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There appears to be an unknown order in the universe! Carl Sagan

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posted on Apr, 1 2010 @ 10:04 PM
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Interesting...

This reminds me of my favorite Physicist, David Bohm... While still working on his mathematical formalism for his quantum potential, he saw a device that made him come up with his implicate order, and it made him wonder if the second law of thermodynamics is skewed some how. He questioned entropy, and whether there is such thing as randomness - he wondered if there is a hidden and complex order to the Universe that may not be readily detectable on our level of functioning....




posted on Apr, 1 2010 @ 11:38 PM
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reply to post by VonDoomen
 


The dispersion of galaxies in the universe looks like a neural network.

The universe is a work of art. It follows rules of fractal geometry. It is like the universe isn't told HOW to construct itself. it is just given general guidelines to follow.

But you see everything repeat. The spiral galaxy, and the spiral of a whirlpool. The neural network of the universe, It is wondrous, for sure.



posted on Apr, 2 2010 @ 09:36 AM
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Originally posted by BellaMente
Interesting...

This reminds me of my favorite Physicist, David Bohm... While still working on his mathematical formalism for his quantum potential, he saw a device that made him come up with his implicate order, and it made him wonder if the second law of thermodynamics is skewed some how. He questioned entropy, and whether there is such thing as randomness - he wondered if there is a hidden and complex order to the Universe that may not be readily detectable on our level of functioning....


Hidden complex order? unknown to our current level of understanding? kinda sounds like analysing god in my eyes, or dare i say gods "footprints". just look at the measurement problem, relates directly to even the most massive structures in the known universe, does EVERYTHING we look at change just by focussing conscious thought upon it, kinda reminds of something i read a long time ago, some brilliant mind trying to work out the mathematical formula of the soul, you could say a lot quantum mechanics/potential etc is very similar to that persons search, trying to quantify the very essence of the unquantifiable, at some point were just too small to see the full picture,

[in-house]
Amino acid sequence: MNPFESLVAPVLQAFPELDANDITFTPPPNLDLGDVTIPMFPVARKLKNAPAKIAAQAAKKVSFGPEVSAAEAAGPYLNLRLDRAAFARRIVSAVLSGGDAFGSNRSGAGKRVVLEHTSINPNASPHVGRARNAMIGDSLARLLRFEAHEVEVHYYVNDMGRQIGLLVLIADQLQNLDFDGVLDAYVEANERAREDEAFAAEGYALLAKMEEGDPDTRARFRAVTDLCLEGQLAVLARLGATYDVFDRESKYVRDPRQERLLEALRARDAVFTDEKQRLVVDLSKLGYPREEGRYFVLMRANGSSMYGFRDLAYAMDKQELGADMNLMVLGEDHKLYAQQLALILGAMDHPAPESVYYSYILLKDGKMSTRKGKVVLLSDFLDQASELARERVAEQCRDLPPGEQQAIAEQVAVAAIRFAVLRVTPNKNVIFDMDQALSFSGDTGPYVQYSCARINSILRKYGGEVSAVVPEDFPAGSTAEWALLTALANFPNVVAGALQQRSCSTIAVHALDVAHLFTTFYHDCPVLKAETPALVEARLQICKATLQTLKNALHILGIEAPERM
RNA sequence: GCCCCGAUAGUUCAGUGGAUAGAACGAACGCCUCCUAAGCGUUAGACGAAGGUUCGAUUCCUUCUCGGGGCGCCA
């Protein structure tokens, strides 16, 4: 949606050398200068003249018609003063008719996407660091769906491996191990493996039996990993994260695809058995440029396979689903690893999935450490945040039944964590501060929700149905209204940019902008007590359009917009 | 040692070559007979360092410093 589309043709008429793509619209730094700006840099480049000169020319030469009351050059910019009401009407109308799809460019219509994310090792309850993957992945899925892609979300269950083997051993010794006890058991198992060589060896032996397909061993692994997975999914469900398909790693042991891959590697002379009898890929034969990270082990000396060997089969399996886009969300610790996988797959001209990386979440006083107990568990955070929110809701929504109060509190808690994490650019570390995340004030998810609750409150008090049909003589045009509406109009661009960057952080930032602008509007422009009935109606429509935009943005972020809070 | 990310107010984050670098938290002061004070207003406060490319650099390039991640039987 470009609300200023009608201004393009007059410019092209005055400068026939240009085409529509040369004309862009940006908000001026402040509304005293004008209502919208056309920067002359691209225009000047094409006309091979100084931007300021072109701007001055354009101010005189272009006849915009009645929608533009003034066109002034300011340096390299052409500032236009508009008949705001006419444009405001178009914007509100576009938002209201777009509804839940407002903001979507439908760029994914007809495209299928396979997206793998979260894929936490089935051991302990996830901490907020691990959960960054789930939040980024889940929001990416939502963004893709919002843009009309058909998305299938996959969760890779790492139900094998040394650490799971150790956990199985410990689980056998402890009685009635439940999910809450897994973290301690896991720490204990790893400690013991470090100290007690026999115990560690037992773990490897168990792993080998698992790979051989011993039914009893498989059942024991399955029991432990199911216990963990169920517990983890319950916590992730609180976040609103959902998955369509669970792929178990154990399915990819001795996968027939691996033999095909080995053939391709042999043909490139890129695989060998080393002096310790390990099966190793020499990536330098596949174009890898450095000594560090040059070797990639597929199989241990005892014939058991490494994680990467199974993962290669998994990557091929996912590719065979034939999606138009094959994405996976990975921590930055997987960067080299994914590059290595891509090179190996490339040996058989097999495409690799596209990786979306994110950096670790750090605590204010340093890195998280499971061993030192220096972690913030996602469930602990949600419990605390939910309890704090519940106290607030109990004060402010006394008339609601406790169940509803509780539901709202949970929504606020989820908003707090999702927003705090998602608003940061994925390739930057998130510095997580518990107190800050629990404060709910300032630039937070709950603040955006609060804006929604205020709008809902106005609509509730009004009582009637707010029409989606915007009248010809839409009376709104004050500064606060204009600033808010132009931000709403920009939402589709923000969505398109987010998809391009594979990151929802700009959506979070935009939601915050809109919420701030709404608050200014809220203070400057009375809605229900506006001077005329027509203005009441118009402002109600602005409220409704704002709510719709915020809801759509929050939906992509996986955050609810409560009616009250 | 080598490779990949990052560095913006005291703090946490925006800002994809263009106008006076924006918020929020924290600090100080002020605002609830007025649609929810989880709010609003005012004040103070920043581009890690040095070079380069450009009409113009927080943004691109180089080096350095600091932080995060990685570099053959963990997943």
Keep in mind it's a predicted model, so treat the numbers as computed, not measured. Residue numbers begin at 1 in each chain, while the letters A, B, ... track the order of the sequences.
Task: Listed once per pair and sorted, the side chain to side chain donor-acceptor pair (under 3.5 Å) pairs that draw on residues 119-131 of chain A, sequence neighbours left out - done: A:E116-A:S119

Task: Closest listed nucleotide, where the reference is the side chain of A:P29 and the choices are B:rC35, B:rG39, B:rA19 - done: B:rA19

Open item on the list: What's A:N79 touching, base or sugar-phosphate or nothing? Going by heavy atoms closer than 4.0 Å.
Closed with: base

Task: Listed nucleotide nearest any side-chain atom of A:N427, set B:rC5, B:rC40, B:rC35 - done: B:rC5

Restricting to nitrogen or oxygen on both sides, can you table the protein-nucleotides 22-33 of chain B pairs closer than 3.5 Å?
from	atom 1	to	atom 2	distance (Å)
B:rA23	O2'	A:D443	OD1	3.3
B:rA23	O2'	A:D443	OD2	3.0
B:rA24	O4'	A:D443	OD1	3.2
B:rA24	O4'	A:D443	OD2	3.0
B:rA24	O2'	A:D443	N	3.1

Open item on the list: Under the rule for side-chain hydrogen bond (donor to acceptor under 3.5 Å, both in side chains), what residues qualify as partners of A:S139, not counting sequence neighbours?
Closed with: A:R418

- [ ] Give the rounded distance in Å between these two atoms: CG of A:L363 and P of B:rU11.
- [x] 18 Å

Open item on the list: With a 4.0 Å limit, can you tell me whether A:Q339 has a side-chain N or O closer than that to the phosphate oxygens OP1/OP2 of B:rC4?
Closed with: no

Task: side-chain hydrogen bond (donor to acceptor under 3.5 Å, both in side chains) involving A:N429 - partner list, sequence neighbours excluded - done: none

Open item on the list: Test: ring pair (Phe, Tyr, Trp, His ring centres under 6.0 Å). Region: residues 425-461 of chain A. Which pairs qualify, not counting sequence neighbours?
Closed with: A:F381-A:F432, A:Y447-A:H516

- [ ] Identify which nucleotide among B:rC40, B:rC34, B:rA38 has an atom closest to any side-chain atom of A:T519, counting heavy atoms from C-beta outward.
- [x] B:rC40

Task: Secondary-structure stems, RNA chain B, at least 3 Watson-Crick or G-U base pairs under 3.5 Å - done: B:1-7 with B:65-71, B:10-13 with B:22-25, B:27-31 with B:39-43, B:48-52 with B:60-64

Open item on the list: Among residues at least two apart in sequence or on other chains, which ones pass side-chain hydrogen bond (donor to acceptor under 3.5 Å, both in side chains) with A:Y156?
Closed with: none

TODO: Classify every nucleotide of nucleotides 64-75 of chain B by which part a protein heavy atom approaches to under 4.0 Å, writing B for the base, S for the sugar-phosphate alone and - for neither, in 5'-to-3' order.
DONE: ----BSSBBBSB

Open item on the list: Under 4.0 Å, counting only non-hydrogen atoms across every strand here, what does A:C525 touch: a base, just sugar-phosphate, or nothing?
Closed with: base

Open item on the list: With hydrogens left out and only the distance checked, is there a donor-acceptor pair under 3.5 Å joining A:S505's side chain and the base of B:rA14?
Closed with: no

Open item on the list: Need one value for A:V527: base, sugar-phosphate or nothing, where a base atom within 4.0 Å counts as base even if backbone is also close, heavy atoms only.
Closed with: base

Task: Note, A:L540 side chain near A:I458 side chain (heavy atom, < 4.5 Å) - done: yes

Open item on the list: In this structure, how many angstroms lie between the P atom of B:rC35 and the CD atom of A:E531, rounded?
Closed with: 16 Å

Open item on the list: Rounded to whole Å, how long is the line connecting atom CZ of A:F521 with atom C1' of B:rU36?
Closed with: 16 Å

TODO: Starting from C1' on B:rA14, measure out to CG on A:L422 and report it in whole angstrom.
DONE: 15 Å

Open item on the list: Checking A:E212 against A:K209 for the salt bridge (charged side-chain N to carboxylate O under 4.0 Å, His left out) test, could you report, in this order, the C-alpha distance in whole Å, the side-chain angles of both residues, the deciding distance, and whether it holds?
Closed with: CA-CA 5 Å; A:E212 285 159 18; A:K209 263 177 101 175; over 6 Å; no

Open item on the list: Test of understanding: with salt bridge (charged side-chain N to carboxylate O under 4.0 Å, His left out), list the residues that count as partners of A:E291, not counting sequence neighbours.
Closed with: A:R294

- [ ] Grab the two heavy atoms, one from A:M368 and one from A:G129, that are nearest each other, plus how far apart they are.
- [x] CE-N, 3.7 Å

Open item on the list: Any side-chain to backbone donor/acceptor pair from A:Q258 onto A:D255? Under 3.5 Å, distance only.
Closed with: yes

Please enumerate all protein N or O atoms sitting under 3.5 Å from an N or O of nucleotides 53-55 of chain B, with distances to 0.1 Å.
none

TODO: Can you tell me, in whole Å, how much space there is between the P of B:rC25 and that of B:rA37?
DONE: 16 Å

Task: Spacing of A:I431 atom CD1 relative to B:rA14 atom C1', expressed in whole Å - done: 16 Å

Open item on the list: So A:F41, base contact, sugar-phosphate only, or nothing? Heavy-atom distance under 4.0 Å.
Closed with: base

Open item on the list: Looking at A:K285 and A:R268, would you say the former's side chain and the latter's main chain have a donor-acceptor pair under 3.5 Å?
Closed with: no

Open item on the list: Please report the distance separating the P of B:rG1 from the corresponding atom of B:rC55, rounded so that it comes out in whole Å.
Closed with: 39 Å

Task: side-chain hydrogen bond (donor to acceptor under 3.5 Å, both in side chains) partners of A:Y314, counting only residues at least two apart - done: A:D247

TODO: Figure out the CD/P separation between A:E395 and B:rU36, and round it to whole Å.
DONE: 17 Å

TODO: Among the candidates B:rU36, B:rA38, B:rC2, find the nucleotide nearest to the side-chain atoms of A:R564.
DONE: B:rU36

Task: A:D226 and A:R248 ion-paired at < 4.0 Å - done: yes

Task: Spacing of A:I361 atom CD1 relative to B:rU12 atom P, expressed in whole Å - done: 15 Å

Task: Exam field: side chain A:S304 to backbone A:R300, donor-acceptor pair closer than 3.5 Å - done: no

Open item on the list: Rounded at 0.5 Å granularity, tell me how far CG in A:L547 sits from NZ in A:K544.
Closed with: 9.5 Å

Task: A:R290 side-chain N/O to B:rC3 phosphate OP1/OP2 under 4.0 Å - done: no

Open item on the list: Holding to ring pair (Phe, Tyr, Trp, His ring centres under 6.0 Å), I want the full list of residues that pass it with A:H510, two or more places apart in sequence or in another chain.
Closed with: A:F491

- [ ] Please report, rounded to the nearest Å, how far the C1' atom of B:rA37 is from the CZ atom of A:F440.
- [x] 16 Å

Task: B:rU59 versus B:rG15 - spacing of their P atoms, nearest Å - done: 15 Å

[edit on 2-4-2010 by THEsmokefrog]



posted on Apr, 2 2010 @ 03:11 PM
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Hi,

Just for the record, and especially for those who may need to be reminded, Unity_99's posts involved no readily discernible scientific ideas or thoughts. I would ask him to elaborate but since no foundation is in evidence i am not sure if that will be of any use.

As to the original question it misses the point when it confuses the giant voids and 'walls' with 'order' when these structures have raised far more questions related to how much structure there seems to be in a universe which is far too young and with no known mechanism by which to achieve it.


The universe has too much large scale structure (interspersed “walls” and voids) to form in a time as short as 10-20 billion years.

The average speed of galaxies through space is a well-measured quantity. At those speeds, galaxies would require roughly the age of the universe to assemble into the largest structures (superclusters and walls) we see in space [[17]], and to clear all the voids between galaxy walls. But this assumes that the initial directions of motion are special, e.g., directed away from the centers of voids. To get around this problem, one must propose that galaxy speeds were initially much higher and have slowed due to some sort of “viscosity” of space. To form these structures by building up the needed motions through gravitational acceleration alone would take in excess of 100 billion years. [[18]]

metaresearch.org...


So yes, there are people with actual degrees, and the required scientific training&knowledge, who's discussions and papers make for most interesting reading.

Regards,

Stellar



posted on Apr, 3 2010 @ 11:02 AM
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reply to post by StellarX